Question: What is the definition of equal?
One observer — Daniel M. Mayeda, a Los Angeles-based attorney in the entertainment industry — suggested that we check the billboard.
When the reprise of the hit 1960s-1970s television show “Hawaii Five-O” launched in 2010, the promotional billboard for the prime-time police detective drama featured four actors standing in a horizontal line.
“It was launched as an ensemble of four co-stars,” Mayeda said.
The billboard featured, from left to right, Alex O’Loughlin, Daniel Dae Kim, Grace Park and Scott Caan.
One could interpret that visual as four actors all on equal ground gracing the sweet shores of scenic Waikiki Beach.
Unfortunately, this story isn’t about the breathtaking ambiance of the Banzai Pipeline or the Diamond Head volcanic crater in our nation’s 50th state that conjures images of paradise from afar. Instead, as it occurs so often in our society, this topic is about the issue of compensation, perception and fairness.
During this summer’s hiatus, Kim and Park recently left “Hawaii Five-O” after seven seasons. Variety, the Hollywood publication, reported that the two Asian-American actors sought pay equal to their white co-stars, O’Loughlin and Caan.
All of which, of course, sparked a nationwide controversy. And begs two hefty questions:
If the four actors were originally cast as equally billed co-stars, then why were Kim and Park apparently lowballed on their salaries? And, No. 2, if Park and Kim instead were considered by CBS as supporting actors, then why that designation in the first place?
Kim posted on Facebook: “I’ll end by saying that though transitions can be difficult, I encourage us all to look beyond the disappointment of this moment to the bigger picture. The path to equality is rarely easy.” (Park has been publicly silent on the issue.)
Afterward, the Los Angeles Times reported that Kim was offered a new salary deal of $195,000 per episode, about $5,000 less than O’Loughlin and Caan. Kim also was offered, the Times reported, a new production opportunity.
Variety reported that Kim and Park were offered 10 percent to 15 percent less than O’Loughlin and Caan. The original salaries of Kim and Park weren’t mentioned in either publication.
O’Loughlin and Caan also reportedly possess what Hollywood categorizes as so-called “back-end deals,” which refers to actors garnering extra pay through a percentage of the show’s revenue/profits, syndication agreements and the like. This “back-end deal” stuff is a most intriguing concept.
Interestingly enough, acclaimed actress/singer Diahann Carroll, who starred as a black nurse in the television series “Julia” from 1968 to 1971, revealed last week during a panel discussion at the annual March on Washington Film Festival that she had a “back-end deal” for her prime-time comedy. This obviously was a surprising development for people of color in the entertainment genre during that less-than-progressive period nearly 50 years ago.
Asked how she managed to accomplish that coup, Carroll responded, “I had one of those good New York lawyers,” which drew a robust chuckle from a packed audience. In fact, Carroll — the first black woman to star in a non-stereotypical role in a prime-time television series — even had her own “Julia” Barbie doll as part of a 1969 marketing campaign.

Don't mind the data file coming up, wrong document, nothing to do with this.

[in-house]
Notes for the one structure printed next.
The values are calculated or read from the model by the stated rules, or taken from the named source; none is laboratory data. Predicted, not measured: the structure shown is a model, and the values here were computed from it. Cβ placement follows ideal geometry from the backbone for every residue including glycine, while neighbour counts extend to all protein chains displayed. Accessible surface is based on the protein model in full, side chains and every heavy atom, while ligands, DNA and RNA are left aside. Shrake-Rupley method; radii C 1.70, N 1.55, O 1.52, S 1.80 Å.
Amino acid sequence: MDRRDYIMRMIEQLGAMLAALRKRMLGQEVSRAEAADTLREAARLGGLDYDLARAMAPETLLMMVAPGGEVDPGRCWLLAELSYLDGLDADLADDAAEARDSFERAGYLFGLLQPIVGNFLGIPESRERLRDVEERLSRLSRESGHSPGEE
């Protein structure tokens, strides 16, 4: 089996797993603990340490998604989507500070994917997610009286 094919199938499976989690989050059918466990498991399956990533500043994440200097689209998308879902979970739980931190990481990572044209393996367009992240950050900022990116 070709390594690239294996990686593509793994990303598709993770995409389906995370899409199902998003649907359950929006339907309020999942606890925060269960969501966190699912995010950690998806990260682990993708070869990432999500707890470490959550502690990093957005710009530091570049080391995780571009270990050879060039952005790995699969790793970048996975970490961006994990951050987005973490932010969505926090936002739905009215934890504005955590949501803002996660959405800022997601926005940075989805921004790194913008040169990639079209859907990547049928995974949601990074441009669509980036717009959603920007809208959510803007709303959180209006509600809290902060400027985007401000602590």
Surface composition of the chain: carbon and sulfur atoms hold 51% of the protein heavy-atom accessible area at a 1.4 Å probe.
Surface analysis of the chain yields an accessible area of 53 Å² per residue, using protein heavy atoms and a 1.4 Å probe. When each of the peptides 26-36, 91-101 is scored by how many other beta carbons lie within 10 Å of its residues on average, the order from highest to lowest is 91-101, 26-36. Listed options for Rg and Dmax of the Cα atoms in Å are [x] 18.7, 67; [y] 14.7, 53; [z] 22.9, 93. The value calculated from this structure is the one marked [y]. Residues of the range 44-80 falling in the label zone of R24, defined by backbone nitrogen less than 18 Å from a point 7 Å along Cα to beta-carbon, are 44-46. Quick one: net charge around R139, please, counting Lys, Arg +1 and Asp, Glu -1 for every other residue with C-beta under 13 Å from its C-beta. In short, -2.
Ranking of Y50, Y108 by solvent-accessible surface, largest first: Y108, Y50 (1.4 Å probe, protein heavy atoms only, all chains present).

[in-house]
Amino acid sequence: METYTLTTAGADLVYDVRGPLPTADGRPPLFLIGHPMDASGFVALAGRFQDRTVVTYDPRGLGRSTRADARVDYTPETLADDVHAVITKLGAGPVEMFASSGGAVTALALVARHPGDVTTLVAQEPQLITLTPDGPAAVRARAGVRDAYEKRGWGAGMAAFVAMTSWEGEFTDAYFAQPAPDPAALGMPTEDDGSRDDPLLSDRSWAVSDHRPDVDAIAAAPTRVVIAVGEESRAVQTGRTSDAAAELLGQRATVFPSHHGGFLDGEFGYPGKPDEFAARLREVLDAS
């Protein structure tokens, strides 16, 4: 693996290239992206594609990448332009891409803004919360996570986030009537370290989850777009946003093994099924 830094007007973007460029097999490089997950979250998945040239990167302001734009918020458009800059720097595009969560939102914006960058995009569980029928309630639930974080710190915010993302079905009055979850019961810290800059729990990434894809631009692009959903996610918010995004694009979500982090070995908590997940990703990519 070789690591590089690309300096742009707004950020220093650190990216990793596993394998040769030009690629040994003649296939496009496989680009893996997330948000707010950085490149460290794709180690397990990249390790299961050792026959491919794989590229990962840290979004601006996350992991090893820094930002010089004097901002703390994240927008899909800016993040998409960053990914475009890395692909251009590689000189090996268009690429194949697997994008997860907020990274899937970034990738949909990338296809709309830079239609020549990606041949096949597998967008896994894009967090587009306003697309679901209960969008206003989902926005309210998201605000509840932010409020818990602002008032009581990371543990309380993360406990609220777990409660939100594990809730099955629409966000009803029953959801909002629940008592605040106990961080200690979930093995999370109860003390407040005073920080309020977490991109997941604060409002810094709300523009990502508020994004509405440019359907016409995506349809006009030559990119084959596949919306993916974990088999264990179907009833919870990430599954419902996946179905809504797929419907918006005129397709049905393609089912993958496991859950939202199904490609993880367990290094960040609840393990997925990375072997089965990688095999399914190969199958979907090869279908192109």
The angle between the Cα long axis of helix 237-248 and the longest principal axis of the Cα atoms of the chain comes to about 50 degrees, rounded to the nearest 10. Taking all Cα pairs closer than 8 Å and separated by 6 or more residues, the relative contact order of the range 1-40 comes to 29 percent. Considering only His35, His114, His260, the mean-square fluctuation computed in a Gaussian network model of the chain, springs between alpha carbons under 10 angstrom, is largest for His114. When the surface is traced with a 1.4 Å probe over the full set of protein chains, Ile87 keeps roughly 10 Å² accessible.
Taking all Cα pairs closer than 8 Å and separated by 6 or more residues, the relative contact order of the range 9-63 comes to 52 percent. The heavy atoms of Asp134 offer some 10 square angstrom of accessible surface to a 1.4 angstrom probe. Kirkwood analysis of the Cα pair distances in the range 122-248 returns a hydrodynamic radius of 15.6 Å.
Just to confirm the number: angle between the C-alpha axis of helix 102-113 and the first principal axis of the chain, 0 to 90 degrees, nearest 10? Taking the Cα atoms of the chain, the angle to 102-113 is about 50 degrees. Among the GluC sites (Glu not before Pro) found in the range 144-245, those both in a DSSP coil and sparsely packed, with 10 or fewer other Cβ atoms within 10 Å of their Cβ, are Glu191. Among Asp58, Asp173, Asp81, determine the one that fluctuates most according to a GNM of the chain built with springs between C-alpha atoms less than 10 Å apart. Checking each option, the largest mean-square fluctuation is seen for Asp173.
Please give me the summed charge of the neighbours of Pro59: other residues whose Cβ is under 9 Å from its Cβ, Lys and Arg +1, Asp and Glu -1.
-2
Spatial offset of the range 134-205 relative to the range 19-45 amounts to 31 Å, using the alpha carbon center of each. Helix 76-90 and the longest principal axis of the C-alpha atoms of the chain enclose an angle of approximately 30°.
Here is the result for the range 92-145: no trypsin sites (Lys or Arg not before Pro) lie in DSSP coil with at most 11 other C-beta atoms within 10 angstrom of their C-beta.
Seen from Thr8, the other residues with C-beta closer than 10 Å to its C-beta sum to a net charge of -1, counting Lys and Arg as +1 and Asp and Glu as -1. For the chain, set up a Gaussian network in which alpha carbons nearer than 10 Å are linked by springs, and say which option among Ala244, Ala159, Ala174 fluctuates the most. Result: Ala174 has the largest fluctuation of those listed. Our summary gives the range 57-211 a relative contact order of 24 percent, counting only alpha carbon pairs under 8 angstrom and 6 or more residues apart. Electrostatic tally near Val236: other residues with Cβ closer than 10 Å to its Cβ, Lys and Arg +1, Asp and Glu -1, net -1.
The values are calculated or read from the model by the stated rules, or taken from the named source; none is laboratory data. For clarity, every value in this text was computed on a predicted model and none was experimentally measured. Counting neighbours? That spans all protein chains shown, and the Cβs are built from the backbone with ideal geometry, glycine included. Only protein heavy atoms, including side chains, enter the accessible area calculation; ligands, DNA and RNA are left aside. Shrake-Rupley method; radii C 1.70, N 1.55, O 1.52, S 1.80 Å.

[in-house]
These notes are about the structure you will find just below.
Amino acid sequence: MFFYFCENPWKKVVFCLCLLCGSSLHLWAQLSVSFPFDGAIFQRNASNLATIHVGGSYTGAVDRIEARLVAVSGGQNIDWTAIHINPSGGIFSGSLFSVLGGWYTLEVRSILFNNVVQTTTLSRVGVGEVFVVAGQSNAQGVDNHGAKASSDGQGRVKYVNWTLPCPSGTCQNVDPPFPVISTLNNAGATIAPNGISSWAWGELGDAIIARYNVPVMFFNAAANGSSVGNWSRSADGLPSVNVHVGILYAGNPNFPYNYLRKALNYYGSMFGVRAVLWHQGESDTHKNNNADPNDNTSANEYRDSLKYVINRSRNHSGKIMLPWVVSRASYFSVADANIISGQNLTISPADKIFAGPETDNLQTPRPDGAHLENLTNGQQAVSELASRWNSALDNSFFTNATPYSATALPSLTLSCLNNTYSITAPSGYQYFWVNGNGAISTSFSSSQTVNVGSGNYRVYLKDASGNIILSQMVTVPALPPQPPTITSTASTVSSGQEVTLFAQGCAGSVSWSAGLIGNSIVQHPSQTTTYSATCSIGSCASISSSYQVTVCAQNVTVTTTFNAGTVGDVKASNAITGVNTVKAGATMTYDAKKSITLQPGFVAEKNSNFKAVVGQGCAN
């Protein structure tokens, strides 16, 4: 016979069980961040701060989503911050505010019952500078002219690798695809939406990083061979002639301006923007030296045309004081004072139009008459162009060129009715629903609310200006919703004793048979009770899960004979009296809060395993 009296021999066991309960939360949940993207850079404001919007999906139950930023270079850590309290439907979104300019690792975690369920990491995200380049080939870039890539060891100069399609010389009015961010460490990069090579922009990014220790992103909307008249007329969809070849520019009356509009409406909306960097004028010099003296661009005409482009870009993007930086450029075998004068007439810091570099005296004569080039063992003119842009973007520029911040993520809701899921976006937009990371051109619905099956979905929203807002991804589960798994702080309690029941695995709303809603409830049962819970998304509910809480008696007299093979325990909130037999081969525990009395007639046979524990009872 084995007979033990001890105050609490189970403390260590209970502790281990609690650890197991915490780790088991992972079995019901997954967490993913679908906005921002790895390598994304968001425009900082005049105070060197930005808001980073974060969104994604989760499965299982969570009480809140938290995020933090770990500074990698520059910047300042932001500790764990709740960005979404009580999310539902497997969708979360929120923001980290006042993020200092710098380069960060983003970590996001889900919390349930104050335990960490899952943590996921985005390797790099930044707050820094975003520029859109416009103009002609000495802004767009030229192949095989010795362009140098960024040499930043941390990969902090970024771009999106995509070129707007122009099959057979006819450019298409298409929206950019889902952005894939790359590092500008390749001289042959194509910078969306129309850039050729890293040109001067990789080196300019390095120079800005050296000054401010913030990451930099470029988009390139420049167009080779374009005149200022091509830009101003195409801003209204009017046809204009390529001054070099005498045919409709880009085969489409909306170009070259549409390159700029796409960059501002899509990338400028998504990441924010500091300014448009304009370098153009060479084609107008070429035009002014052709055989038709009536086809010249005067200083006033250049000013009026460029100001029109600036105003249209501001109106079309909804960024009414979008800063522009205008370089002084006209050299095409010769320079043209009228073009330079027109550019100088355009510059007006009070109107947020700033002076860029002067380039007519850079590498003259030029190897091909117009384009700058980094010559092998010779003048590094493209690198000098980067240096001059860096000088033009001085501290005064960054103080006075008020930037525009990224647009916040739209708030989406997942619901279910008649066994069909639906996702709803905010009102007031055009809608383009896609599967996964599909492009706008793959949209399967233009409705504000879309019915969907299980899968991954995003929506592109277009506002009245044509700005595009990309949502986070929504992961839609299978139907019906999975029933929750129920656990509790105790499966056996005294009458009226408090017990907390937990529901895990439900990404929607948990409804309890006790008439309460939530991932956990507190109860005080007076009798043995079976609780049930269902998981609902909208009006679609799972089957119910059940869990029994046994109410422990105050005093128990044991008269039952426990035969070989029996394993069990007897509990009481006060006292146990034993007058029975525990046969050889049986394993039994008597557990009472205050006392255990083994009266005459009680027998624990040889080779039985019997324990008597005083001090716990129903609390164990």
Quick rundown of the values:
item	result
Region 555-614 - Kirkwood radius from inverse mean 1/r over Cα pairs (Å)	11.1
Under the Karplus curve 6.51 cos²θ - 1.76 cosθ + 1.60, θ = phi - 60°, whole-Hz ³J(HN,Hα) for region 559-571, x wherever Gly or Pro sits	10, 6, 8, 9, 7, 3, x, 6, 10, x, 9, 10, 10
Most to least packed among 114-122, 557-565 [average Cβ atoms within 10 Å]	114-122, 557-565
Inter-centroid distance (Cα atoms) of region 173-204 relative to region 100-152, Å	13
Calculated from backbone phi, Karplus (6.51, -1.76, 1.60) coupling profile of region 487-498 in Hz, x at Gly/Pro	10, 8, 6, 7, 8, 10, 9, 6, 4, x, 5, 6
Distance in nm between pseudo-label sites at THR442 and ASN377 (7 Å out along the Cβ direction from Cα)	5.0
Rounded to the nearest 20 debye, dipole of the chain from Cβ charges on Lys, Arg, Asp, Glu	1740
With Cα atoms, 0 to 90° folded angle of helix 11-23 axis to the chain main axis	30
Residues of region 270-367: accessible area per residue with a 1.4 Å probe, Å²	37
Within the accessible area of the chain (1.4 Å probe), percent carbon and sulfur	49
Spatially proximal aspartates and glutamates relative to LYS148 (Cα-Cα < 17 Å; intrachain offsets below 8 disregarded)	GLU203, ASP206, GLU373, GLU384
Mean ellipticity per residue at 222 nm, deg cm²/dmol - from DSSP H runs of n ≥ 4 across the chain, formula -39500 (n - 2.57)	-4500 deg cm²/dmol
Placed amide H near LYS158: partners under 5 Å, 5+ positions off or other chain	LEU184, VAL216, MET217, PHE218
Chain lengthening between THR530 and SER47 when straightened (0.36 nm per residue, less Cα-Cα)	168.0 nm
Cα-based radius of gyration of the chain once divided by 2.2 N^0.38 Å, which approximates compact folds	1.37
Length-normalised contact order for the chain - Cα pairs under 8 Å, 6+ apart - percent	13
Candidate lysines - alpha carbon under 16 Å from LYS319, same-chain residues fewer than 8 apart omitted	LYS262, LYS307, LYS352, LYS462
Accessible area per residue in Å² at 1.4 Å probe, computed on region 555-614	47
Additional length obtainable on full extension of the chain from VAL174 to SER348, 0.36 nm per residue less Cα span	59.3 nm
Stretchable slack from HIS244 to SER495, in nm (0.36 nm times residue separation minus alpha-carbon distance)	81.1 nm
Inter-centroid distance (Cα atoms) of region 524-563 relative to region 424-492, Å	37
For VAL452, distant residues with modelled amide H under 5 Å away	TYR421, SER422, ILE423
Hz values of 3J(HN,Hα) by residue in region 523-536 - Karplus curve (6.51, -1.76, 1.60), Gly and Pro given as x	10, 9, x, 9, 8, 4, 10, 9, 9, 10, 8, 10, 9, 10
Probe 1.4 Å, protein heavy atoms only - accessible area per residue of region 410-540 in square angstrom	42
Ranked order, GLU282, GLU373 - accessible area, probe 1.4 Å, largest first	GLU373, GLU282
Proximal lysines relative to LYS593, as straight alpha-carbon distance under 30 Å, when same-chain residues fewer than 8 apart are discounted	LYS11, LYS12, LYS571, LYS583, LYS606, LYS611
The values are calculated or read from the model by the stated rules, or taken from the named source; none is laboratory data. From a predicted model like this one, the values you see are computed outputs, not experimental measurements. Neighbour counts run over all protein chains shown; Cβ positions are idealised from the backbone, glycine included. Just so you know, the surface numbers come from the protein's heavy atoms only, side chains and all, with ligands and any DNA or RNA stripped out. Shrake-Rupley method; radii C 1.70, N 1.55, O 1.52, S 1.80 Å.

Kim and Park were two Asian-American stars for a TV series in a state that features a population of 81 percent Asian/native Hawaiian/Pacific Islander. In a statement, CBS said, “Daniel and Grace have been important and valued members of ‘Hawaii Five-O’ for seven seasons. We did not want to lose them and tried very hard to keep them with offers for large and significant salary increases. While we could not reach an agreement, we part ways with tremendous respect for their talents on screen, as well as their roles as ambassadors for the show off screen, and with hopes to work with them again in the near future.”
However, in that press release, CBS essentially gashed itself with a self-inflicted wound. This sentence sorely stands out: “We did not want to lose them and tried very hard to keep them with offers for large and significant salary increases.”
An obvious translation: We, as in CBS, suddenly realized that our network woefully underpaid Kim and Park for seven years, and now we frantically are trying to make amends. Though the amends still don’t reach that equality standard on the level of O’Loughlin and Caan.
And on sort of an awkward side note to all of this is that Leslie Moonves, chairman of the board, president and CEO of CBS Corp., is married to an Asian-American woman, Julie Chen, co-host of the day-time talk show, “The Talk.” Which, of course, airs on CBS.
In any regard, this salary/equality imbroglio is bad public relations for CBS. That hardcore truth cannot be disputed.
All about those optics, for sure.
Said Mayeda, who is of Japanese heritage, “It (‘Hawaii Five-O’) was a big deal for us because there aren’t a lot of shows where Asian-Americans are the stars.”
Mayeda, who specializes in legal matters of intellectual property, is co-chair of the Asian Pacific American Media Coalition, which works with the NAACP, National Latino Media Council and American Indians in Film & Television to advocate industry fairness for people of color.
As part of that national multi-ethnic coalition, Mayeda helped negotiate Memoranda of Understanding with ABC, CBS, Fox and NBC, thereby requiring each of the four major television networks to institute programs designed to increase diversity both in front of the cameras and behind the scenes.
What’s next for the coming fall season? “I think this situation will come back and haunt ‘Hawaii Five-O,”’ Mayeda predicted.
See you in September. Aloha!